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To be named religious thread

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Wait, are you saying my quote is an example of misinterpretation, or do you mean your effort to explain that YHVH said those things but didn't really mean it?

Is there a simple key to determining which of YHVH's commandments we're support to obey and which we can safely ignore? Or do we need to get clarification from you on each of them independently?

As said previously, it was a specific instance. Only the Israelites he was talking to at that time were to carry out those commands. Leviticus is more like a story about what happened. Books like Titus, Peter, Corinthians etc are letters to churches that include principles on how to live. They're not one time deals like the Leviticus reference.

The commands in Leviticus were for those specific Israelites and not to be carried out by other believers.

The simple key is to study the passage, and to do so within its context. That's all.

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As said previously, it was a specific instance. Only the Israelites he was talking to at that time were to carry out those commands. Leviticus is more like a story about what happened. Books like Titus, Peter, Corinthians etc are letters to churches that include principles on how to live. They're not one time deals like the Leviticus reference.

The commands in Leviticus were for those specific Israelites and not to be carried out by other believers.

The simple key is to study the passage, and to do so within its context. That's all.

So Leviticus is a specific instance, but I'm guessing Exodus and Deuteronomy, not so much? It sure sounds like we need to run everything by you to figure out what parts of the Bible we should obey.

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So Leviticus is a specific instance, but I'm guessing Exodus and Deuteronomy, not so much? It sure sounds like we need to run everything by you to figure out what parts of the Bible we should obey.

Or you could study it expositionally on your own.

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Or you could study it expositionally on your own.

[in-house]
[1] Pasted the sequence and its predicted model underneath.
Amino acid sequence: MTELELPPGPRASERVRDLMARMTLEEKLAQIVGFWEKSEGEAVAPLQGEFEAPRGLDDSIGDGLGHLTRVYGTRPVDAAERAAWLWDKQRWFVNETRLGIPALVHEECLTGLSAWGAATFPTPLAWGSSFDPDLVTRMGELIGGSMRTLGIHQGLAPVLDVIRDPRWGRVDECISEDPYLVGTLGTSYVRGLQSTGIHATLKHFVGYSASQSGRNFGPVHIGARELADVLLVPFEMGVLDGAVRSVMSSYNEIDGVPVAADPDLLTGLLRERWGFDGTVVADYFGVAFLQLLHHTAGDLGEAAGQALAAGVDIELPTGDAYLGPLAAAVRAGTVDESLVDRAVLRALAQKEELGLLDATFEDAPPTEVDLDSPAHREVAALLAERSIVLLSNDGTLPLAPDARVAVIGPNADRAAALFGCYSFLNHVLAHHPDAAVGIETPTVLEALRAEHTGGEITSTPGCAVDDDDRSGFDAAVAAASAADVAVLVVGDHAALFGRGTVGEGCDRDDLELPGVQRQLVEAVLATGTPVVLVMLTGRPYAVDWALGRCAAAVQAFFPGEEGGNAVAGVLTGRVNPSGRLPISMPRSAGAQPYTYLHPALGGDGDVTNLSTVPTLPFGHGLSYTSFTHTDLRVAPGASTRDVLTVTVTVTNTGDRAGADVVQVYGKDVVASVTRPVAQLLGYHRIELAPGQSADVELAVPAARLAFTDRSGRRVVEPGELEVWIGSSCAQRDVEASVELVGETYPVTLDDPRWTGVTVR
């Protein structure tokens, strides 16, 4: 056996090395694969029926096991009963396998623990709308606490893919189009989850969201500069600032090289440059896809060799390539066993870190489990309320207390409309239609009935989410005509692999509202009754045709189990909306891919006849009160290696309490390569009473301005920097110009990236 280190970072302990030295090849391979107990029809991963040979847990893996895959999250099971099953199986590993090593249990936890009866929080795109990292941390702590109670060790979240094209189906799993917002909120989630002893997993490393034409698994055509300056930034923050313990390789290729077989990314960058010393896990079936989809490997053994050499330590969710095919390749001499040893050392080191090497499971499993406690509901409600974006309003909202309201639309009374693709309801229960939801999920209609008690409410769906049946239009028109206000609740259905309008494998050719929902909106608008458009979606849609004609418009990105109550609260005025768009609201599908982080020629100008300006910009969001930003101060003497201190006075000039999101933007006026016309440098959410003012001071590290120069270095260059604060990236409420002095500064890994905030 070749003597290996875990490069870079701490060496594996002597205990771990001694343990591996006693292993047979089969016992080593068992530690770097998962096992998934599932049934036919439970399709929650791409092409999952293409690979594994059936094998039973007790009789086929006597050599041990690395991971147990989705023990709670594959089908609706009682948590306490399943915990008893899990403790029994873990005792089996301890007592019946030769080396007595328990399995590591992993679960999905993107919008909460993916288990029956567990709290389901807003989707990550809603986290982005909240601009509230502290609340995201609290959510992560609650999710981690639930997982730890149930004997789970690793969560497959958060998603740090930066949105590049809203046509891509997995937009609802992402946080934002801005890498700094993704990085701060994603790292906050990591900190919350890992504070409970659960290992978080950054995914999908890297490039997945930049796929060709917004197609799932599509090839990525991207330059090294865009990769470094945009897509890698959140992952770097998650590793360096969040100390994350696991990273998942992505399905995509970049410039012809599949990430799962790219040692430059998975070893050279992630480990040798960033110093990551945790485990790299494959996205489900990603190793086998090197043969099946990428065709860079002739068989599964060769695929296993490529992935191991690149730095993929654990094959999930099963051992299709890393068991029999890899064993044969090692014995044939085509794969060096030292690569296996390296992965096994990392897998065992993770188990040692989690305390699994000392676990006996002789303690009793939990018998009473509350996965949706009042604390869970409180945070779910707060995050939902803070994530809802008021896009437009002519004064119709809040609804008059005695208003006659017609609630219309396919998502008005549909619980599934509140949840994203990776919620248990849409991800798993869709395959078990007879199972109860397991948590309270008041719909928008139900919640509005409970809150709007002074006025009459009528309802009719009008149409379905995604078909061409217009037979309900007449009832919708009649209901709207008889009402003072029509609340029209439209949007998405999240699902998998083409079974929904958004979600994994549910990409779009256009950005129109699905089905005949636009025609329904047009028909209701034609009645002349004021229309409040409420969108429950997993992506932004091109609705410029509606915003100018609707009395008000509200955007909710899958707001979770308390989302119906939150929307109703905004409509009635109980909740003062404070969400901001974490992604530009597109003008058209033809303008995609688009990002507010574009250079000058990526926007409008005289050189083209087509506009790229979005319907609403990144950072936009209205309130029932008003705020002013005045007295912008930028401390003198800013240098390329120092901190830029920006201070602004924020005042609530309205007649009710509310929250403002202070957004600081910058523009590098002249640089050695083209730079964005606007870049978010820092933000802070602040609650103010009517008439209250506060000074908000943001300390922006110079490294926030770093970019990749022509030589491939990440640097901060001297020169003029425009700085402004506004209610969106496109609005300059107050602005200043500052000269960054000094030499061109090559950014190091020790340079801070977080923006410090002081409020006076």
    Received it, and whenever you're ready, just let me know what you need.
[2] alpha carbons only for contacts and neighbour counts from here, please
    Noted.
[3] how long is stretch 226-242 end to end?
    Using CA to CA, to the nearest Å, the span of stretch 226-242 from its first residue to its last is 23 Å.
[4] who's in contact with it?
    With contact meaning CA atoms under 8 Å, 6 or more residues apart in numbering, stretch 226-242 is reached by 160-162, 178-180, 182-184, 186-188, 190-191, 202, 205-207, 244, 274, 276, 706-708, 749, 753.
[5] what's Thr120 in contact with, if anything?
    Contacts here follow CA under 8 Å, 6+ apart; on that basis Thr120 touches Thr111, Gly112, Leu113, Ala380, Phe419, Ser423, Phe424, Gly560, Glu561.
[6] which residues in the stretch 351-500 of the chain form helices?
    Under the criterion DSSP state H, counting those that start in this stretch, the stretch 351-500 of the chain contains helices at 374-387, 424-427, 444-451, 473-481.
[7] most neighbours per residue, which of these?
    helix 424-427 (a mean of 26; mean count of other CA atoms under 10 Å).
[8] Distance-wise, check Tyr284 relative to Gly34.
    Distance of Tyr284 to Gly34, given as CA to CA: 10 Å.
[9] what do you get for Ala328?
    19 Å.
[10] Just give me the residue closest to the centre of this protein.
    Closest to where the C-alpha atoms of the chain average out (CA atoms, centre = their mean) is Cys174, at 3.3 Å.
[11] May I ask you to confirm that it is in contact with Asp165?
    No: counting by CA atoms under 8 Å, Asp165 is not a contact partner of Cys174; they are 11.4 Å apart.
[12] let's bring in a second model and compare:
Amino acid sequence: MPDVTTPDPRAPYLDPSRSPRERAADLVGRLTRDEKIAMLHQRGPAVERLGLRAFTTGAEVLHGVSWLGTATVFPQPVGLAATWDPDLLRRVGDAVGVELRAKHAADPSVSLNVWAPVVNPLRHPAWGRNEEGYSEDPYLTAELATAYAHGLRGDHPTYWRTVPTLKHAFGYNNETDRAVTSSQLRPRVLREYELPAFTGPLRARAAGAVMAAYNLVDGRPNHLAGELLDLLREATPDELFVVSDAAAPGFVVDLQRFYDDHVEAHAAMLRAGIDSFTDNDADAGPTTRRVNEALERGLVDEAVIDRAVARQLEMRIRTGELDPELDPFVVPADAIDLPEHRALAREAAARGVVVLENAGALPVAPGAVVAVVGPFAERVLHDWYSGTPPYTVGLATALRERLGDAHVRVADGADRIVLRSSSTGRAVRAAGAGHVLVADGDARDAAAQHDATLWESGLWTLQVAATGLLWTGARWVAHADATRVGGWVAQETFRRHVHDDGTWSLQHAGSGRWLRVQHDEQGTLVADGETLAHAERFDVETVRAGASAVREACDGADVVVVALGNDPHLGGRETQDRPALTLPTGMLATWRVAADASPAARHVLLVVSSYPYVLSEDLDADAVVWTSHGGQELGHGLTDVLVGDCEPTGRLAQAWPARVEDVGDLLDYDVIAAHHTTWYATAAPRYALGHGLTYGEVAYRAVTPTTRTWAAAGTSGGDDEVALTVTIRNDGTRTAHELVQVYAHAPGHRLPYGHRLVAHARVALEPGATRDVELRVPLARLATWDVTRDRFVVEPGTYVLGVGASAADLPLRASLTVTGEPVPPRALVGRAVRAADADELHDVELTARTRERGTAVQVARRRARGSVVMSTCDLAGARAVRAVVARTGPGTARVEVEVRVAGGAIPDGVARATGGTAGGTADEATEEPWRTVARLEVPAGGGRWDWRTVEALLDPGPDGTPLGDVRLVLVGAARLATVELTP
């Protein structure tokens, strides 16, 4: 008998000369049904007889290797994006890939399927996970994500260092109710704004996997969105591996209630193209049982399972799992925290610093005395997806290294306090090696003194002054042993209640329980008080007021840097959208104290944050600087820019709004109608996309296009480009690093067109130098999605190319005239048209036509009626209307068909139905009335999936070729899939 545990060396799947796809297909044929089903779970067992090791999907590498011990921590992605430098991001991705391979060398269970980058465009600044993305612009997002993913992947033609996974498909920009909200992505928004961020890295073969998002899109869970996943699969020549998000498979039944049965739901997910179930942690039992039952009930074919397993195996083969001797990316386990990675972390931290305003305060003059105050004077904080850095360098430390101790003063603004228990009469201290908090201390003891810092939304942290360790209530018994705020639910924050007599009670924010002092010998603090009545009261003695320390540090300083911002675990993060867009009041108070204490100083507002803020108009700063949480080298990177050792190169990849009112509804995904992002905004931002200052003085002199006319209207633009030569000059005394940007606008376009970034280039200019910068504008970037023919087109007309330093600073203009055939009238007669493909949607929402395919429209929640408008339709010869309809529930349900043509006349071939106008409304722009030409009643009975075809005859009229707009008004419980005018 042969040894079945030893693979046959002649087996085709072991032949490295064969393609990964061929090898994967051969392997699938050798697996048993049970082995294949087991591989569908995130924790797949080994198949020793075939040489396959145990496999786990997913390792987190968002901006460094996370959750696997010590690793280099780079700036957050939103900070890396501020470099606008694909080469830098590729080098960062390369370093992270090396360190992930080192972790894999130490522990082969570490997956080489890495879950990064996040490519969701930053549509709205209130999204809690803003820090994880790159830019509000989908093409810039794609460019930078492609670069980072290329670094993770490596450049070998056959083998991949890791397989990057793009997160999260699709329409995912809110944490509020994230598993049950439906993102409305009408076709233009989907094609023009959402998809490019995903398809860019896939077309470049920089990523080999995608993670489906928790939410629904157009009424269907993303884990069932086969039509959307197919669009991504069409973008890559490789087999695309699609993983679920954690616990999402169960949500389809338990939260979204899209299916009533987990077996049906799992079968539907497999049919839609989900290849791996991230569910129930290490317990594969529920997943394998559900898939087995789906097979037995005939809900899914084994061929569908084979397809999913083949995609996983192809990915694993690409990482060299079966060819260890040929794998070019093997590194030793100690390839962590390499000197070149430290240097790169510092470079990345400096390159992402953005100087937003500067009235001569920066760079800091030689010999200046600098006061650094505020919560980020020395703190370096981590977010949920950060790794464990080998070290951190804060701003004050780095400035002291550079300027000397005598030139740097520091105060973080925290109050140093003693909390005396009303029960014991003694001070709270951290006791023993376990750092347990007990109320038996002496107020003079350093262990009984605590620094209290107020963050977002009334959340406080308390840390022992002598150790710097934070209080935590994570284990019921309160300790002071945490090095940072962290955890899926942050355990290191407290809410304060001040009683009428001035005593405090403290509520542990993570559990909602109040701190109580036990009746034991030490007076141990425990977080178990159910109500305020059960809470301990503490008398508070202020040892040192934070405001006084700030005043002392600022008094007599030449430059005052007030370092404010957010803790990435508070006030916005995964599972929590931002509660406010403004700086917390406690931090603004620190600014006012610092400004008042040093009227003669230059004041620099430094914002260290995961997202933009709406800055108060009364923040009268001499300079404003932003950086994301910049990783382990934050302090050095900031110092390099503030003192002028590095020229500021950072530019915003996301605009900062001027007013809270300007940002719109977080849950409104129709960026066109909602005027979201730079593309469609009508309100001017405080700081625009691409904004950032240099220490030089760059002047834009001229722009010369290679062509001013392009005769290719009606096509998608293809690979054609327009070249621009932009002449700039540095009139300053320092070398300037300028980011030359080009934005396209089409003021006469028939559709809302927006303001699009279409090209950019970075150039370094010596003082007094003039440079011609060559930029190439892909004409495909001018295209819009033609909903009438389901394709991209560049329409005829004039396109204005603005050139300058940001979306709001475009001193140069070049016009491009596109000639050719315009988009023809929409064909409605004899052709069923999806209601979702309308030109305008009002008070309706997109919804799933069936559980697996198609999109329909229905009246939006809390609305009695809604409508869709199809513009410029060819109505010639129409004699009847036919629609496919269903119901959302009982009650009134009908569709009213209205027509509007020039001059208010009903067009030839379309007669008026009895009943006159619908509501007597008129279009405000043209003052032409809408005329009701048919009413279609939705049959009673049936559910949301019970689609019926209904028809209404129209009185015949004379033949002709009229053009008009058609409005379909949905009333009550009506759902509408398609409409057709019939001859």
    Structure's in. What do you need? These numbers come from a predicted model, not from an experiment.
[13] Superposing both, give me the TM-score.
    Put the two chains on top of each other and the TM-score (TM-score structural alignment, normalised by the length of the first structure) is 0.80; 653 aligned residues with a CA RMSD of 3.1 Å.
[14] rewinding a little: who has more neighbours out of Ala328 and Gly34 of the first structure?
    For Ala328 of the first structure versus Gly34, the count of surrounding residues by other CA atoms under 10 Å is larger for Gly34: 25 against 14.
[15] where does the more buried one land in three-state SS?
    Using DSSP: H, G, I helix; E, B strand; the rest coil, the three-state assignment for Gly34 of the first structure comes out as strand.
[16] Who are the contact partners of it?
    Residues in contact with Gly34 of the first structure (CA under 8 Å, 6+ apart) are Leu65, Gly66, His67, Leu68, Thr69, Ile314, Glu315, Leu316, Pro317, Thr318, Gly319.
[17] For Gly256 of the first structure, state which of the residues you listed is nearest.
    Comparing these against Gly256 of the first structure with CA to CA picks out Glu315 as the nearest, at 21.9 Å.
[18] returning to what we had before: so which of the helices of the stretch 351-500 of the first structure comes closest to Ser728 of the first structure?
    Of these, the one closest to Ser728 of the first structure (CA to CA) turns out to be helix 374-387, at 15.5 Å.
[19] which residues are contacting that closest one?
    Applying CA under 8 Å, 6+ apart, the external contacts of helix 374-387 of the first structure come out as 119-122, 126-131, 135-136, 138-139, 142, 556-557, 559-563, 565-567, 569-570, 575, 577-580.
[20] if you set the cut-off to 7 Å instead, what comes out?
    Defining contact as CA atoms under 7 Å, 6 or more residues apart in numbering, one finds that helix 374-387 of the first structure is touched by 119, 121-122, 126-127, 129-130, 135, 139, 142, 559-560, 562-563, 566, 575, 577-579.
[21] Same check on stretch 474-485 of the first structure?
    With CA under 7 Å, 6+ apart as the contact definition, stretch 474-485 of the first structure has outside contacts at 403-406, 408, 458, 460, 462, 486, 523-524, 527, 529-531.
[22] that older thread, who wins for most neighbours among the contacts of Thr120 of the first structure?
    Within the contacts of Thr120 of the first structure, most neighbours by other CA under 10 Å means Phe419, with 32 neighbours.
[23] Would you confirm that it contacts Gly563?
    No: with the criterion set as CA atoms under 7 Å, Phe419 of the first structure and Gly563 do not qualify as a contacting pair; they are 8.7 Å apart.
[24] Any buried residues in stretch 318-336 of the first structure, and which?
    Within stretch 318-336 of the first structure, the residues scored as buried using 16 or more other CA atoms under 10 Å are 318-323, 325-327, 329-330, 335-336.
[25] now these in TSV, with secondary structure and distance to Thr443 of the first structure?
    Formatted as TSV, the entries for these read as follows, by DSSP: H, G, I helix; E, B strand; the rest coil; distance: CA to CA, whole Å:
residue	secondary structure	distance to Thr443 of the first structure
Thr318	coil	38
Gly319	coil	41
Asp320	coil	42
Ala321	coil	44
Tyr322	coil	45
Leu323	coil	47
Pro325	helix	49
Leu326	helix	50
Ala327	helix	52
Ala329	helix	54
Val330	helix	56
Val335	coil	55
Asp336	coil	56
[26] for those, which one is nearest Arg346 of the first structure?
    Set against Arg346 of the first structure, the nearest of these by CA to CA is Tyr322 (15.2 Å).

I've studied it "expositionally" on my own and obviously come to a different understanding of it than you have. When I read Leviticus, I don't see anything that makes it less global than Exodus or Deuteronomy.

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Care to share any?

For instance... what the Bible says about homosexuality being a sin (Here we go!). Nothing could be further from the truth. In fact, if homosexual men would seek the truth and not lie, and hide their sexuality, live repressive biblical lives, and carry-on into meaningless opposite-sex church-going relationships - then the truth shall set them free. That is what coming out is all about.

Hmmm... so which is it? Living an honest life? Or living a lie? The Bible seems to advocate both... And on a personal level, I say live an honest life.

Gay and lesbian people are walking, living, breathing contradictions to principals of many religions. And the men, who wrote many of the books of faith, were just men - who DIDN'T GET IT. No divine guidance; just ignorance.

So if the Bible is so wrong on homosexuality... then what else is it wrong about? Probably a lot of stuff.

...and the whole "love the sinner, hate the sin" is a load of crap.

Edited by BryanS

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No, I don't believe that. Scientists don't need to presuppose that evolution is true because they can use observation and experiment to challenge any assumptions. No one believed in natural selection until Darwin figured it out. It wasn't like Darwin set up camps to brainwash scientists into thinking the way he wanted them to. Scientists started to accept his theories because they explained existing observations, predicted future observations that were later confirmed and fit perfectly with biology and chemistry that wouldn't be discovered for decades. Scientists accept evolution for the same reasons they accept any other scientific theory. They can test it.

Interesting article from the current Economist about observable evolution.

Dung beetles provide an object lesson in the speed of natural selection

ONE of the lies regularly promulgated by creationist ideologues is that you cannot see evolution in action right now. For microorganisms this is obviously untrue. The evolution of new viral diseases, such as AIDS, is one example. The evolution of antibiotic-resistant bacteria is another. But bacteria and viruses breed fast, so natural selection has time, within the span of a human life, to make a difference. For species with longer generations, examples are less numerous. But they do exist.

A new one has just been published, appropriately, in Evolution. It concerns dung beetles. Harald Parzer and Armin Moczek, of Indiana University, have been studying a species called Onthophagus taurus. Or, rather, it was a species 50 years ago, but it is now heading rapidly towards becoming at least four of them.

Link to full article.

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Interesting article from the current Economist about observable evolution.

Yeah, there's tons of this stuff out there. Doesn't matter. Nothing can compete with "God did it" if God doing it is at the core of your identity.

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